Somehow Sony Ericsson has gotten away with having three buttons on the front instead of the usual four, and it's also gotten rid of the trackpad you typically see on Android phones. That makes the phone look more streamlined, even with the addition of a dedicated camera button.
At 13mm thick, the X10 isn't the thinnest phone out there, but it feels thin, and we love its softly curved back -- it's slightly rubbery to prevent slips. The front is a sheer cliff of screen, which is shiny and hungry for fingerprints, but worth it for the 4 inches of big screen loveliness.
The X10 doesn't skimp on connectivity either, offering Wi-Fi, GPS, and HSPA for fast Web surfing over 3G. Stereo Bluetooth and a standard 3.5mm headphone jack ensure you can use your own wireless or wired headphones. It's also packed in 1GB of on-board memory -- which is especially handy for Android phones, since you have install all your apps to the on-board memory -- and comes with an 8GB microSD card, with support for up to a 32GB card.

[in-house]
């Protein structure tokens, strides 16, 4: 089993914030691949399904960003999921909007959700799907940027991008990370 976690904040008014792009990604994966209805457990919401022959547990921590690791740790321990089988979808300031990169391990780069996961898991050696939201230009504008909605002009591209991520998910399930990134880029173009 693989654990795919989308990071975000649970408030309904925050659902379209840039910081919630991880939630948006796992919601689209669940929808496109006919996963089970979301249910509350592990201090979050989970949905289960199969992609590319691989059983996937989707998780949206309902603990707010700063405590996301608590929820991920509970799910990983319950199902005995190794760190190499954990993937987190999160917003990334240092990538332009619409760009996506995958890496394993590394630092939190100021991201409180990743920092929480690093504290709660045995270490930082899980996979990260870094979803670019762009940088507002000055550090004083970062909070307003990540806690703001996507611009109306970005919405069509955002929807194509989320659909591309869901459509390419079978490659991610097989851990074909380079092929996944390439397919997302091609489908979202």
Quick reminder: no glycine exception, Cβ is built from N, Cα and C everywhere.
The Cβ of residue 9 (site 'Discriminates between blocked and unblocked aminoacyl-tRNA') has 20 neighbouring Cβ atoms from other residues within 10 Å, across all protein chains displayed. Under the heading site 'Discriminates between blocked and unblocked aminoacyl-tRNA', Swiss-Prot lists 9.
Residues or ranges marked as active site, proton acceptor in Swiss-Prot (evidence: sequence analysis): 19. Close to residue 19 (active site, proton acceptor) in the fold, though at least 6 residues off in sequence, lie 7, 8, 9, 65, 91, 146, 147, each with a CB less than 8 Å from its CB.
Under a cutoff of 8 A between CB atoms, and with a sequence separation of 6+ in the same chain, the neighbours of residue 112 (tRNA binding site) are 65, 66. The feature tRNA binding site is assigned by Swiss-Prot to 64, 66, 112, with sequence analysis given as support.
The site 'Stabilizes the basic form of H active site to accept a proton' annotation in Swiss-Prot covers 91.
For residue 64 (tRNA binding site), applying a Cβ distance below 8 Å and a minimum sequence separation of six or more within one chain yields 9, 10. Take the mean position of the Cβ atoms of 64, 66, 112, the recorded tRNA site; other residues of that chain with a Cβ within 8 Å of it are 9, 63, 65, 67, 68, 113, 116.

With all this power on board, making calls should be the least of your worries -- and we found call quality was fine on the X10. We were slightly annoyed we had to tap to unlock the screen, while in a call, so we could use the number pad -- but at least it keeps the phone from being dialled by your face.
The battery life was also decent for a smart phone, which is to say you can get a full day on one charge, unless you're surfing the Web like an eBay addict.
The Sony Ericsson Xperia X10 is a very good first stab at the Android-powered phone, with a lovely big screen and above-average camera. If we'd never seen its top of the range competition, such as the HTC Desire, we wouldn't know to pine for the latest Android features, multi-touch or better-integrated custom apps. But we have seen this phone done slightly better elsewhere, so it's hard to ignore what's missing on the X10.
Edited by Nick Hide